Women In Translation Month

Good ideas often come from the combination of two or more good components. And WOMEN IN TRANSLATION MONTH is not an exception.

If you don’t know what it’s all about, it’s because it’s a relatively new thing. Founded by Israeli scientist, Meytal Radzinski, it intends to make a difference in the gender imbalance when it comes to translated authors.

In literature, like in everything else, not being translated reduces your international impact. Not being translated means your writing will not go beyond your borders, which conspires against international recognition, fame and/or popularity and, ultimately, financial stability.

It all started when this biology grad student who has spent her life between California and Israel noticed the gap in the number of authors being translated, with an overwhelming majority of male writers.

An avid reader and book reviewer herself, she had also kept data about books translated into English from Hebrew and Yiddish. Her passion for reading took her to start her own blog. Her posts, her research and exchanges with other bloggers gave her the idea to create an event or a month dedicated to promote the translation of female writers.

Translation as a social indicator

As many of you may already know, translation has always been a good indicator to measure social inequality:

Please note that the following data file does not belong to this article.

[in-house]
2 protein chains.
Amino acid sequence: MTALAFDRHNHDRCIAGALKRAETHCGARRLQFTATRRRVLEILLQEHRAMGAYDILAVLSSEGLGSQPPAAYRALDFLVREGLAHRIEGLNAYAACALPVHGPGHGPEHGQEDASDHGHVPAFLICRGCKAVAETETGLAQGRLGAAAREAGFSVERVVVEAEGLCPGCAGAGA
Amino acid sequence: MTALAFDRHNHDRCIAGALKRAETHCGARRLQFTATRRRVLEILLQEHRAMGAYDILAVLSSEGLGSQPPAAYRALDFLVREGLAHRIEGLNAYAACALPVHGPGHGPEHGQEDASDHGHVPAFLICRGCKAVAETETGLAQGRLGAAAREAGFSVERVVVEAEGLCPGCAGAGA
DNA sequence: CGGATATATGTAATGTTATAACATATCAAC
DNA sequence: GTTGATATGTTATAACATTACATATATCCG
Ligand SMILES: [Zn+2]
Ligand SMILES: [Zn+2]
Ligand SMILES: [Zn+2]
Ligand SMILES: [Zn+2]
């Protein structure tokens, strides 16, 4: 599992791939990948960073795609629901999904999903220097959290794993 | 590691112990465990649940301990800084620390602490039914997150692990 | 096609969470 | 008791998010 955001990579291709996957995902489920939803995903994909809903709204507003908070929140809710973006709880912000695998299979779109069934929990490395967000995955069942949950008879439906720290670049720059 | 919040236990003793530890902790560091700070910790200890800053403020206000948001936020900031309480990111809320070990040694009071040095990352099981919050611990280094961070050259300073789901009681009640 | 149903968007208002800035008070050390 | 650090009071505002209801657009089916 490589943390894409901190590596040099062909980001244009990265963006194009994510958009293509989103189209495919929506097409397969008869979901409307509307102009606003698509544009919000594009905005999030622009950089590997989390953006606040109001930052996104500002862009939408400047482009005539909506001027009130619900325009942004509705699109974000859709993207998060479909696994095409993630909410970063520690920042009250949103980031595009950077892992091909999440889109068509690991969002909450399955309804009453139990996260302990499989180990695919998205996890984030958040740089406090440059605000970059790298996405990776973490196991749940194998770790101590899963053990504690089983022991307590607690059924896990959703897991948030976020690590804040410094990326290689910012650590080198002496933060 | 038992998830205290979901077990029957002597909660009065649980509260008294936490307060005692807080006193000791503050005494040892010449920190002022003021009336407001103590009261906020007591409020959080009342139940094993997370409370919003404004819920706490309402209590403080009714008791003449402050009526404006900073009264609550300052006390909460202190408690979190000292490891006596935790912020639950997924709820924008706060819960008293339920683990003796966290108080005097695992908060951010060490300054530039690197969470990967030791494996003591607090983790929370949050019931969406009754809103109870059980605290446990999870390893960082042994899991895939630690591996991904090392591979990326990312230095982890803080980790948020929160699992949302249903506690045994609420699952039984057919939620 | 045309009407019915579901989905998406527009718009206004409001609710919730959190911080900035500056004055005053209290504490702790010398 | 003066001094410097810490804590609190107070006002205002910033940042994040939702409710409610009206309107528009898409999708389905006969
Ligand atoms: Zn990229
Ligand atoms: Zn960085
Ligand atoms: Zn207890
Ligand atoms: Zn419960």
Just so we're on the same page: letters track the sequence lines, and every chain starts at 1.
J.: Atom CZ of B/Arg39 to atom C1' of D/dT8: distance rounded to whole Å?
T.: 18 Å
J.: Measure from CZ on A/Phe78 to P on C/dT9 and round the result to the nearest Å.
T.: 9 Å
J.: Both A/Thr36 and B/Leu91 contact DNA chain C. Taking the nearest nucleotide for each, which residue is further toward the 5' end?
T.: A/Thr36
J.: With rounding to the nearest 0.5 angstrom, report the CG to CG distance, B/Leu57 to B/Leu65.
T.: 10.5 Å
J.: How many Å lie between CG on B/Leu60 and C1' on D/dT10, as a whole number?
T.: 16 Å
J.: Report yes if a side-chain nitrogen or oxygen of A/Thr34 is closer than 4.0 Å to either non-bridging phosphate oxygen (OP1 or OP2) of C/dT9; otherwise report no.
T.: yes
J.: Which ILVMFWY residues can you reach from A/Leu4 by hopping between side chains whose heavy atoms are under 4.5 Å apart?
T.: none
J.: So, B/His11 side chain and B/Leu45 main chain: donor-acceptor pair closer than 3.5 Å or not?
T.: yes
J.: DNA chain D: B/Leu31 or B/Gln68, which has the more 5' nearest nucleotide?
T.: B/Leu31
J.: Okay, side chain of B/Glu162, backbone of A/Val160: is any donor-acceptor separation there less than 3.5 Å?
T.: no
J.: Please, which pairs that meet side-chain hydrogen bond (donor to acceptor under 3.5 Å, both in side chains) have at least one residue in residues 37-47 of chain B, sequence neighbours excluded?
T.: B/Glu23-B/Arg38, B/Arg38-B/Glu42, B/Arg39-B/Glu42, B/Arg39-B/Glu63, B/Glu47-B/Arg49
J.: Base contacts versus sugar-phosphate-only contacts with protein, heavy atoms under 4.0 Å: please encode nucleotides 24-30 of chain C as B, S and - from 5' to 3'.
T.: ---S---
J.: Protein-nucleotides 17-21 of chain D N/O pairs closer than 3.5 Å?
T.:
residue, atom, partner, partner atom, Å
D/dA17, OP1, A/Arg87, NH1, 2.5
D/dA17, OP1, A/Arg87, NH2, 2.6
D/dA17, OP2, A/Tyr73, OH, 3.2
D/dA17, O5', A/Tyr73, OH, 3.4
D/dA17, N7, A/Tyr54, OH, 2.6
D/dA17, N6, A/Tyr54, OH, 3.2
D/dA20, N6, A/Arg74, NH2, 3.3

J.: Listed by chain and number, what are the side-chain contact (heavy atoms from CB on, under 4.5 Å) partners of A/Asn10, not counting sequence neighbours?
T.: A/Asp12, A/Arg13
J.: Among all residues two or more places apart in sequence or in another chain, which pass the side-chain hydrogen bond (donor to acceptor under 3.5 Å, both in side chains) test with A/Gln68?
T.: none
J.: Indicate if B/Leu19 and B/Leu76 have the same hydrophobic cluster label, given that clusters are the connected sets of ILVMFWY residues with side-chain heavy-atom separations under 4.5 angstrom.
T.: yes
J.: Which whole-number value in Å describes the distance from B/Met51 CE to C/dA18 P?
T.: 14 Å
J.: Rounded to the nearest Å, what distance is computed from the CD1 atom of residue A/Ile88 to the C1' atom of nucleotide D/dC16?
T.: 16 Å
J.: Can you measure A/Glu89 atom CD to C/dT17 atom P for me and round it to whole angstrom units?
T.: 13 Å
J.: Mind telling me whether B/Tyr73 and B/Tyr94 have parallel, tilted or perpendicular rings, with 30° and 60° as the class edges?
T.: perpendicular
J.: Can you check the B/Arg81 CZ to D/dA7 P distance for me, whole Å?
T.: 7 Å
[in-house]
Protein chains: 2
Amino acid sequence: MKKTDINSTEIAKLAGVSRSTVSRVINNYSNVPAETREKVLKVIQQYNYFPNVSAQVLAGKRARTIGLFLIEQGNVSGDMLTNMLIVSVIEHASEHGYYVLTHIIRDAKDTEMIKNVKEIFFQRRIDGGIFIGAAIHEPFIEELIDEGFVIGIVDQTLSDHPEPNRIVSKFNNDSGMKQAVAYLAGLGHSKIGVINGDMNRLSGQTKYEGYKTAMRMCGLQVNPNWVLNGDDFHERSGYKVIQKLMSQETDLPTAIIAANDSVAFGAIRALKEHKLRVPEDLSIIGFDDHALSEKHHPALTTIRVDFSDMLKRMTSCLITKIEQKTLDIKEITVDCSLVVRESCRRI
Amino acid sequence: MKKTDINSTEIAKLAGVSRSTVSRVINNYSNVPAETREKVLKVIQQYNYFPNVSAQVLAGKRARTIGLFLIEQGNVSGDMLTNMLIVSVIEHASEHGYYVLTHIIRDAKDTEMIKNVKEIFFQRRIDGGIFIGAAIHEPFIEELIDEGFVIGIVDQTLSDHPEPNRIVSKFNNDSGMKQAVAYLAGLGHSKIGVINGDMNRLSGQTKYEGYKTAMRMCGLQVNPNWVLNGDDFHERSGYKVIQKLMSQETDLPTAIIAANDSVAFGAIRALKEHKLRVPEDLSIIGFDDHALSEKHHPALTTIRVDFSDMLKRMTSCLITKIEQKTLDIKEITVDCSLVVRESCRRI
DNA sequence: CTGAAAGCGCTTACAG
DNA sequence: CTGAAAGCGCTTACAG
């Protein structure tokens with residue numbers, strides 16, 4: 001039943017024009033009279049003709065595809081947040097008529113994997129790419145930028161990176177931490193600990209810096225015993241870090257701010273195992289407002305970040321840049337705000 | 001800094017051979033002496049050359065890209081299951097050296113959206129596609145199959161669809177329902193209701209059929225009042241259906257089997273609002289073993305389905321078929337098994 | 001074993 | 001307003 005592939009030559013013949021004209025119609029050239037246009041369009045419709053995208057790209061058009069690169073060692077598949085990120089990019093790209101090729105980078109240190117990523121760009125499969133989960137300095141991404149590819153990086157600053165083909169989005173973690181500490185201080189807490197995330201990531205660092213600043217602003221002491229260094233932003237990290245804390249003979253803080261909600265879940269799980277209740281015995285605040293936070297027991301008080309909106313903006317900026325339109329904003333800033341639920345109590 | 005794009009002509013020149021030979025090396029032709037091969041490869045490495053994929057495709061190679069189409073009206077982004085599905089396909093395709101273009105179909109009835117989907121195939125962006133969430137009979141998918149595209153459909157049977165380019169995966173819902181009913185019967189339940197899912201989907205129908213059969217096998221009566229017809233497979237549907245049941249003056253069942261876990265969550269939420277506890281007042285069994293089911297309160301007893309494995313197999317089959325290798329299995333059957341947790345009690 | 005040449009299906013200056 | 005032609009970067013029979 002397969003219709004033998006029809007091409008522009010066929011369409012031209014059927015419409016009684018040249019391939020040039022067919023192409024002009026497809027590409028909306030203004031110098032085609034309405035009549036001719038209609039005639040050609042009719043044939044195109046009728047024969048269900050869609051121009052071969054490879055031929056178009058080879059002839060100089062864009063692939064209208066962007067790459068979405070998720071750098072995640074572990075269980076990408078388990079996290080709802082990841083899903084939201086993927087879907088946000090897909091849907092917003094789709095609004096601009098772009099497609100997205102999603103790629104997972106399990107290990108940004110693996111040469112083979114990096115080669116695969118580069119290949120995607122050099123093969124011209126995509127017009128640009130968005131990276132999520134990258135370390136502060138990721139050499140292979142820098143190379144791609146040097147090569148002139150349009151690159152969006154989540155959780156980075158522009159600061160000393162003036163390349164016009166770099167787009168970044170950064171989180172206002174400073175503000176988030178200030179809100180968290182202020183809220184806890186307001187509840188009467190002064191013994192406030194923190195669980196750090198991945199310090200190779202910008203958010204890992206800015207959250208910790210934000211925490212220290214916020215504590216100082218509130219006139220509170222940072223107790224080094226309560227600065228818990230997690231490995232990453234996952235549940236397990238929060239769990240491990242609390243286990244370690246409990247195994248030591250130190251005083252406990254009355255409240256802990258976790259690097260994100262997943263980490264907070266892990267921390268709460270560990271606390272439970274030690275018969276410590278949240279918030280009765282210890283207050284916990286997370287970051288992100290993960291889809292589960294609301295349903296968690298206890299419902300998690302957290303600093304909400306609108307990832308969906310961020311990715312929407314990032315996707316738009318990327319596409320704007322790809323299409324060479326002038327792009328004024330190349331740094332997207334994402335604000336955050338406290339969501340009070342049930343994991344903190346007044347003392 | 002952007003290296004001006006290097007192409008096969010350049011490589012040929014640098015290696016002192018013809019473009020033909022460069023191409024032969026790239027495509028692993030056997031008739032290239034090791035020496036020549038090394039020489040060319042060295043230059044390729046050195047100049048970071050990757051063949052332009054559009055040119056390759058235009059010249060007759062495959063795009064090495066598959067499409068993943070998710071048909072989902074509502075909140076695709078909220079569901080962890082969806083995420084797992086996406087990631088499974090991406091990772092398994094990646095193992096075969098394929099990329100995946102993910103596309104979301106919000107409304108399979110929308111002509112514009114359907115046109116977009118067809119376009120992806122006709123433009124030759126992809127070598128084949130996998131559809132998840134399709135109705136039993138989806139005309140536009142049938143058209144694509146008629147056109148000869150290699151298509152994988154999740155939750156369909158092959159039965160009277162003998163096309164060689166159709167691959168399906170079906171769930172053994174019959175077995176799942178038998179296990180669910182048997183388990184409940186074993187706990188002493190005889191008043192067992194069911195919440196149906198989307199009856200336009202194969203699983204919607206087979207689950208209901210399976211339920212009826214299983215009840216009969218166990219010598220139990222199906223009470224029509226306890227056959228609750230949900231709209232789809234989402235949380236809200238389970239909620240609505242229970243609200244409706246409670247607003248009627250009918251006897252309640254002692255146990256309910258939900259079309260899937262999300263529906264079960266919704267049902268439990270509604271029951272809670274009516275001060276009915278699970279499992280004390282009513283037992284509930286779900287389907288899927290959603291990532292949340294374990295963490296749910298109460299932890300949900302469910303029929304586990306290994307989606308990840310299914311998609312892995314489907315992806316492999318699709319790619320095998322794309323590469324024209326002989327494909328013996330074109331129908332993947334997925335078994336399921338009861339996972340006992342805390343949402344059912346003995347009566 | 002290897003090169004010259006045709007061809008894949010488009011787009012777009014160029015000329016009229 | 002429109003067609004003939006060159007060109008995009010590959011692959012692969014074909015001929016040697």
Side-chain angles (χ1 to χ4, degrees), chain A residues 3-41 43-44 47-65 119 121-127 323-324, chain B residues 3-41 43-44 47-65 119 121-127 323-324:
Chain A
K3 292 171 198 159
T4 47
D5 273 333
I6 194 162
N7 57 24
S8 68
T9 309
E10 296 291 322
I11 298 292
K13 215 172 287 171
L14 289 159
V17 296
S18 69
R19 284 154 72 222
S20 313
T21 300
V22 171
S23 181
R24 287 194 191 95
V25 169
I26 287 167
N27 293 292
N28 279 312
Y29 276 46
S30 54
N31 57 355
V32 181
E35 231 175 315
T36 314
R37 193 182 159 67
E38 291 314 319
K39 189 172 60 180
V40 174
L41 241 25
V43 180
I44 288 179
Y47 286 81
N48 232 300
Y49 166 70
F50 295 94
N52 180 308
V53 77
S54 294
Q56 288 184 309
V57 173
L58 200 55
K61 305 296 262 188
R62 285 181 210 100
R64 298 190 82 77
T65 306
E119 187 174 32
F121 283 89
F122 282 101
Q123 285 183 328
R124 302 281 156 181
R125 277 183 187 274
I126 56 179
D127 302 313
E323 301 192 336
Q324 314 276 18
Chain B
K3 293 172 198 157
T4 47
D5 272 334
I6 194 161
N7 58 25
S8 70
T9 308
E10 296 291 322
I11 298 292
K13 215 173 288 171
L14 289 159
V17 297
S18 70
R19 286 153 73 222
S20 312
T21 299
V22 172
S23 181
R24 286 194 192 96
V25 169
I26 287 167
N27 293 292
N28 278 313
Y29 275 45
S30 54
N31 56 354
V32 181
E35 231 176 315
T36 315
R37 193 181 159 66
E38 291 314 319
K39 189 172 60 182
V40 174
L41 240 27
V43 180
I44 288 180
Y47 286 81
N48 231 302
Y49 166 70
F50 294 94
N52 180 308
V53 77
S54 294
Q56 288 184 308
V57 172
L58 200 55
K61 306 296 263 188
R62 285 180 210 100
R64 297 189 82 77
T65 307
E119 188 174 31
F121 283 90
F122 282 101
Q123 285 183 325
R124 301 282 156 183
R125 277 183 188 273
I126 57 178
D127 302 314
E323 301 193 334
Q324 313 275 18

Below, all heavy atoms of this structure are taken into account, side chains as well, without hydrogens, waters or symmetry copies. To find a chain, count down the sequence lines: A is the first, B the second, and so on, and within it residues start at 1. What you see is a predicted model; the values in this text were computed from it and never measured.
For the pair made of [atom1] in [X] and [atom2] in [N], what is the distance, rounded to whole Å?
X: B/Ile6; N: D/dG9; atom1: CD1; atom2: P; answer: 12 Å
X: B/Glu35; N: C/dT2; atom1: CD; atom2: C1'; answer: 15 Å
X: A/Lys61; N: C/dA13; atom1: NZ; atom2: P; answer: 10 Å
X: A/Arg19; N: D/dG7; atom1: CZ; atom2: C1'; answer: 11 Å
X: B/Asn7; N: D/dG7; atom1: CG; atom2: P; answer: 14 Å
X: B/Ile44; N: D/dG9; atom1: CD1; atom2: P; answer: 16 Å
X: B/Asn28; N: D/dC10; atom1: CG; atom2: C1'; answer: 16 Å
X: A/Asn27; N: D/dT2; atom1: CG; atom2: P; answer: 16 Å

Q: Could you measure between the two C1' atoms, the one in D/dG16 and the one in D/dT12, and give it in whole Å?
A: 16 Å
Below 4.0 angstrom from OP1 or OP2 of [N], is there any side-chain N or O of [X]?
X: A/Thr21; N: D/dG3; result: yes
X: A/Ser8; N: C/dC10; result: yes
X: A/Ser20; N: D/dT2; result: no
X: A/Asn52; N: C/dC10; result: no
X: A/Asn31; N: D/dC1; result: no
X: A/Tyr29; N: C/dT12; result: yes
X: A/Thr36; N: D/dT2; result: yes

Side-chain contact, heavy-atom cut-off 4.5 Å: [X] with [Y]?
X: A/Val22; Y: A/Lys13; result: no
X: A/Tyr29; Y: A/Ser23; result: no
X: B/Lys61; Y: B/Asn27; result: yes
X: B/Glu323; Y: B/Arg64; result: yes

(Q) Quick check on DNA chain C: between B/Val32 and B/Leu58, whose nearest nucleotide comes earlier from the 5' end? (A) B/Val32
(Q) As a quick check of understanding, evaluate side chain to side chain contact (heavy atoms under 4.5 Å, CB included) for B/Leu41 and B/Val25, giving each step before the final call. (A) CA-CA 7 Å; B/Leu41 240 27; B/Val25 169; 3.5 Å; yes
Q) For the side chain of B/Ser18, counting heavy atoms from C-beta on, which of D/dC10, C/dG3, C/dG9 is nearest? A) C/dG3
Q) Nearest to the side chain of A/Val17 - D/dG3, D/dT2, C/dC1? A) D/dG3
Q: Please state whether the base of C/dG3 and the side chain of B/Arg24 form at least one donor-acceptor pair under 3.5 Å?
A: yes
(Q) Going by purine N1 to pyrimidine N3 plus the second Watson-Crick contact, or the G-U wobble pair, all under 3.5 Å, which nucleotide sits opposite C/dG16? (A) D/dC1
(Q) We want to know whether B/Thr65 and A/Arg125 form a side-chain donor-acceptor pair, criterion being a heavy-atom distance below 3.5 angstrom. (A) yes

• Writers from wealthier countries are translated more often than writers from third world countries
  • Languages from culturally “dominant” countries are translated more often than languages from poor nations
  • Upper class authors are translated more often than working class authors
  • Male writers are translated more often than female writers

But this last statement is also intrinsic to the other three because both in wealthier and poorer countries, both in global and local languages, and both in upper and lower classes, men are published and translated more often than women.

So, can you imagine what it’s like to be a female author from a poor nation where the language spoken is not among the commonly used languages in the world? You’re right, it’s probably better to teach at an inner city middle school… just kidding!

Therefore, WIT Month is a great start to try to narrow the gender gap and make it possible for more books to be published and translated regardless of the author’s sexual identity.

After all, literary talent does not depend on whether you sit or not when you urinate. Don’t you think?

Leave a Reply